It’s strange that Henry Taunt isn’t more of a household name in Oxford; but then we don’t seem to be very good at honouring our home-grown heroes. The reason we know about him at all is in large part thanks to another, more recent photographer, someone with Taunt’s love of the camera and devotion to Oxford.
Malcolm Graham was appointed as Oxford’s first specialist local history librarian in October 1970. As a young man with a keen eye he spent his lunchtimes and weekends acquainting himself with his new location, walking its streets, and taking pictures of what he saw.
It was a particularly grim period in Oxford’s architectural history, before statutory protection had come into place. Old houses large and small (including Henry Taunt’s birthplace) were being torn down at every turn to make way for supposedly fashionable ‘modern’ development. Malcolm’s early photographs are a wistful, and at times shocking record of the world we have lost – and an important reminder of the hubris of town planners and builders. He writes:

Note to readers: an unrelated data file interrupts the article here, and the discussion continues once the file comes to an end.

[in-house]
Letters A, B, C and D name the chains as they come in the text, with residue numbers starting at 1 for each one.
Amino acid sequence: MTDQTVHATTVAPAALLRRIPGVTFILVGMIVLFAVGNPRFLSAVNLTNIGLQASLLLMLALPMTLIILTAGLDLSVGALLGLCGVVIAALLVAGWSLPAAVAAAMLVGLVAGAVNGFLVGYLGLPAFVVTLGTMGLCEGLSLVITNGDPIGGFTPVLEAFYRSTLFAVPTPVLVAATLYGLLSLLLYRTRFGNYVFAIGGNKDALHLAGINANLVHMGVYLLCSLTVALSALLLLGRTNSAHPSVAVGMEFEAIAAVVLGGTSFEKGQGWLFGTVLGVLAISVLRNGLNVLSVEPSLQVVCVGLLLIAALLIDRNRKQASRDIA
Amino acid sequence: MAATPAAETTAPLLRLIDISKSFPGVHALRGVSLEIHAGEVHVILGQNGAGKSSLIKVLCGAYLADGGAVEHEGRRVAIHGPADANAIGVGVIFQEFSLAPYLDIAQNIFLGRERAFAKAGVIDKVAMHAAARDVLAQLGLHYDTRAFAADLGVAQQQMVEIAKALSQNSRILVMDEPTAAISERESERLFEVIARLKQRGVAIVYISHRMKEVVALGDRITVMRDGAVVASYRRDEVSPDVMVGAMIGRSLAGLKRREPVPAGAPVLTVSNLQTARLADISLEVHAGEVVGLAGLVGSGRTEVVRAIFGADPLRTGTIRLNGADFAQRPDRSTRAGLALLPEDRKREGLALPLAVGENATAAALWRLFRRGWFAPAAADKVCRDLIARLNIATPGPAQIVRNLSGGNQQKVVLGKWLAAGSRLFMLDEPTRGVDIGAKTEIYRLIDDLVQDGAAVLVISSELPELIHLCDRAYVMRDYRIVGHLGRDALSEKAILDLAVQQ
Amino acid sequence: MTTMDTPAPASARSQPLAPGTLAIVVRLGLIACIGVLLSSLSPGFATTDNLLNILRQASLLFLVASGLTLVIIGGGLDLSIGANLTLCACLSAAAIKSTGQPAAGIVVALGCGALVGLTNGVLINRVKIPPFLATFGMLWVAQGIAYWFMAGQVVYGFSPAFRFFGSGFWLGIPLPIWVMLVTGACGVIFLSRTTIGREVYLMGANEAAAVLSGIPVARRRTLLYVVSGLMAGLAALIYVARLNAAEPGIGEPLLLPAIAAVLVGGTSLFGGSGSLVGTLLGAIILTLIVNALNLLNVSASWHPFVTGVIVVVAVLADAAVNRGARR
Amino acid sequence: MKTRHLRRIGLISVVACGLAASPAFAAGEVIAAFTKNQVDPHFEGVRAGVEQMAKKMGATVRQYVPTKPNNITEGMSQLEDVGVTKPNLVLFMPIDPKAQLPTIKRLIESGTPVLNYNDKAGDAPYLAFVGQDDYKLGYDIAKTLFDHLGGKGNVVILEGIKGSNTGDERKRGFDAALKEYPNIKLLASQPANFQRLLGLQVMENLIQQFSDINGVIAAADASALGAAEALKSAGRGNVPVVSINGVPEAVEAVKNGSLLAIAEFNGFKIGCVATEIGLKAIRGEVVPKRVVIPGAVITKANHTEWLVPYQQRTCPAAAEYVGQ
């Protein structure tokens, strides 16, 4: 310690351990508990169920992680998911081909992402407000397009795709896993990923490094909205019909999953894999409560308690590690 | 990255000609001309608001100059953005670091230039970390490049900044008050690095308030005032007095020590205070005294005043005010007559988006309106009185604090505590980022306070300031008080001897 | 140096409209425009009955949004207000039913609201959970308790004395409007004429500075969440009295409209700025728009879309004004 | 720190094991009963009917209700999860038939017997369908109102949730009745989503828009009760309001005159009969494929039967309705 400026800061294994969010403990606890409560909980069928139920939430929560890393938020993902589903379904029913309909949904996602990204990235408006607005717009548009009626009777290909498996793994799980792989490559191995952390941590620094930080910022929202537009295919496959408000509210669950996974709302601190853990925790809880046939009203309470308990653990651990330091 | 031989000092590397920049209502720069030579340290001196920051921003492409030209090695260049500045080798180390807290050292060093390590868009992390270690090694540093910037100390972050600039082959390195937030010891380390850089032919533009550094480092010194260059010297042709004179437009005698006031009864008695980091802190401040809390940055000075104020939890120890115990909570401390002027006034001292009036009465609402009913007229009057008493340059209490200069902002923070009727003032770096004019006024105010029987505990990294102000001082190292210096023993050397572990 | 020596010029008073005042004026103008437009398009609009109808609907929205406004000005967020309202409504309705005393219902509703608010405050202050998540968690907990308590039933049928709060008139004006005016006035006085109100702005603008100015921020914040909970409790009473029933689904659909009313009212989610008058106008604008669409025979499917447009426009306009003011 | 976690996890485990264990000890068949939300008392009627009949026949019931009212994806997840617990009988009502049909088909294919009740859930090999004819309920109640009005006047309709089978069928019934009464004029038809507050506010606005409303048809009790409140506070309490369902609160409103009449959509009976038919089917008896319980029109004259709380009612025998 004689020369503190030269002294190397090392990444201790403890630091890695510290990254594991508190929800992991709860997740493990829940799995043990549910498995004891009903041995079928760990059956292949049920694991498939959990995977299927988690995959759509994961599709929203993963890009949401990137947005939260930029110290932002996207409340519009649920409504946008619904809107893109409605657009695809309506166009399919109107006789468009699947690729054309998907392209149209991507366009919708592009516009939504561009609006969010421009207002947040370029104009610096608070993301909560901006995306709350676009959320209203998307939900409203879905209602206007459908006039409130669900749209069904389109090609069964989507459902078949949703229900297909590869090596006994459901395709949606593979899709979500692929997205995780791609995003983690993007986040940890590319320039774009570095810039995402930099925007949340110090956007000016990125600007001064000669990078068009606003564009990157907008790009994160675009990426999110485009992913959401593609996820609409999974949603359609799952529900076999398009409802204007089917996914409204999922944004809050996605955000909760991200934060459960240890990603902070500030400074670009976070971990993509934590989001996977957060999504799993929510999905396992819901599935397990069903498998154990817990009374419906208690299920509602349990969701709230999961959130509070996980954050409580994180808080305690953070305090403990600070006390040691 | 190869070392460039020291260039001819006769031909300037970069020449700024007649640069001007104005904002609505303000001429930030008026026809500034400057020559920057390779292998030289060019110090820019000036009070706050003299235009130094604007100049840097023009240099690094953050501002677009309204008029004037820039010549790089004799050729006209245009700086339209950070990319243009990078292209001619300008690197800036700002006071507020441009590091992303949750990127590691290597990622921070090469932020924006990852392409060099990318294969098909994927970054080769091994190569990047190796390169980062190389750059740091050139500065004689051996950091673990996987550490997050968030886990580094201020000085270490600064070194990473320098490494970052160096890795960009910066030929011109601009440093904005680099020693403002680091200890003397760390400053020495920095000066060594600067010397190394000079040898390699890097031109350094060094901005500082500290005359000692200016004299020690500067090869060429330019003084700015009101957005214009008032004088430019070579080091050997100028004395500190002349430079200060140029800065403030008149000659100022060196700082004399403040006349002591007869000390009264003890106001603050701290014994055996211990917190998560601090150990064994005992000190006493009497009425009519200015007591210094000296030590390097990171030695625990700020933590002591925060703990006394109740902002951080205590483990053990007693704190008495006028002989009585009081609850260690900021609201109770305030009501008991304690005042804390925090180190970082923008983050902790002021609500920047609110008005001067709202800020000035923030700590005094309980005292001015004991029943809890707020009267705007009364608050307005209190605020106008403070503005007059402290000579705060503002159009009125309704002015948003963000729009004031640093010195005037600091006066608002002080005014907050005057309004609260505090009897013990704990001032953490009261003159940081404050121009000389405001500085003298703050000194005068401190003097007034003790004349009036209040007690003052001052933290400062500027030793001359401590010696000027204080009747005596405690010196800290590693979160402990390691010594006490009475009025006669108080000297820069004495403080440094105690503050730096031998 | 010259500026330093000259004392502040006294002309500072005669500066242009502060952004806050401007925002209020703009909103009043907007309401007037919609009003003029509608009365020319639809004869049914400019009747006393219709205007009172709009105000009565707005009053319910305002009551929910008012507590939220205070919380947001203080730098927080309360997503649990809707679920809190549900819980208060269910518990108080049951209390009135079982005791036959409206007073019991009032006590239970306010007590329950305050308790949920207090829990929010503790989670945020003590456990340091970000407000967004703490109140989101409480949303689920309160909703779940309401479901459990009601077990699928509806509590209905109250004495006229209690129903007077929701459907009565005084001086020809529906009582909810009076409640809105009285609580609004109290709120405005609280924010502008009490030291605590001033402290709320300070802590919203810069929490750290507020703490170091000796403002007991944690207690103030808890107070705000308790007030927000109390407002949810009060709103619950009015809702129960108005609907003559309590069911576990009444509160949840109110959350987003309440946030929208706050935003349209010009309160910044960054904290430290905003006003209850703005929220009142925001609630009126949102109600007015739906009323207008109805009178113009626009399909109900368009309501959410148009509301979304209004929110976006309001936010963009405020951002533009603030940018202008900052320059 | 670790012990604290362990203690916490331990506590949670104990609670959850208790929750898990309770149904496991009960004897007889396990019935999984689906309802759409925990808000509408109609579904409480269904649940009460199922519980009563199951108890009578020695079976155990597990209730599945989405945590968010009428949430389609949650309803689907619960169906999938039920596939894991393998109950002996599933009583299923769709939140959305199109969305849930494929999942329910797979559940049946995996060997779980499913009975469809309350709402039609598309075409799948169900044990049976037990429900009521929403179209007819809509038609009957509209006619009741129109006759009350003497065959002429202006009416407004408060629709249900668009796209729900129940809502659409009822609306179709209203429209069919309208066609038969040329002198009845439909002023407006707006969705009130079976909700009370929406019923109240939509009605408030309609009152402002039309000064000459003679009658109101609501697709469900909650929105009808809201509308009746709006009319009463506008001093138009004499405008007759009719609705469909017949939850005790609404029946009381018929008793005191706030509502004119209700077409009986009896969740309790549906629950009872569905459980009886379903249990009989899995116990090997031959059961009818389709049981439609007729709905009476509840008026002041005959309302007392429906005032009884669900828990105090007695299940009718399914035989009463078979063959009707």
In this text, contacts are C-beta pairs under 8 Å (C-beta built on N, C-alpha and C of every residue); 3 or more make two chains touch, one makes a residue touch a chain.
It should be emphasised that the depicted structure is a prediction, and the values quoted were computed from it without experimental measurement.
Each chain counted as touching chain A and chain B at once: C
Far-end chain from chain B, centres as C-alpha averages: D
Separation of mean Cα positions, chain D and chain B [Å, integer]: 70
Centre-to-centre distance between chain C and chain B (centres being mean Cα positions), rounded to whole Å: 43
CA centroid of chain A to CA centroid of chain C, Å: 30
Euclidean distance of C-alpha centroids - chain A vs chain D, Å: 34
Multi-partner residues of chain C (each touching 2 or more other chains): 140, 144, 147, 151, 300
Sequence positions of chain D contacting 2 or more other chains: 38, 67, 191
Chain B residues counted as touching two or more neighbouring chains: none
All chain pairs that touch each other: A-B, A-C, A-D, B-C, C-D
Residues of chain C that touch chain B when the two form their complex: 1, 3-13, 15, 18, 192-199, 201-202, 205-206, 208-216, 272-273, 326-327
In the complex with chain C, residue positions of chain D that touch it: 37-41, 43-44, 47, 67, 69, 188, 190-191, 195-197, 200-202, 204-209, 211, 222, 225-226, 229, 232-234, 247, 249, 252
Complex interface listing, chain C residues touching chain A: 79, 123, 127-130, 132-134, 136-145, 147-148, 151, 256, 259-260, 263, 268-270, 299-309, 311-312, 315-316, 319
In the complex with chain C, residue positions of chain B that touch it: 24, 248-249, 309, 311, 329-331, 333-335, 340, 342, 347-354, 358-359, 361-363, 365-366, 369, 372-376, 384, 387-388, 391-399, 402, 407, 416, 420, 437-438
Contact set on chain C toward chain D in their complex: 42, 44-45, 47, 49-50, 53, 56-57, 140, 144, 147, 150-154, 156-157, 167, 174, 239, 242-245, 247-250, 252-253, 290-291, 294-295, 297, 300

Take these houses on the west side of Paradise Square, for example, photographed in April 1971. The square, containing houses built between 1838 and 1847, was a peaceful enclave just minutes away from Carfax, but it was cleared for the Westgate carpark development. These last few properties were demolished in 1972. They would now be worth well over £1m each at today’s prices …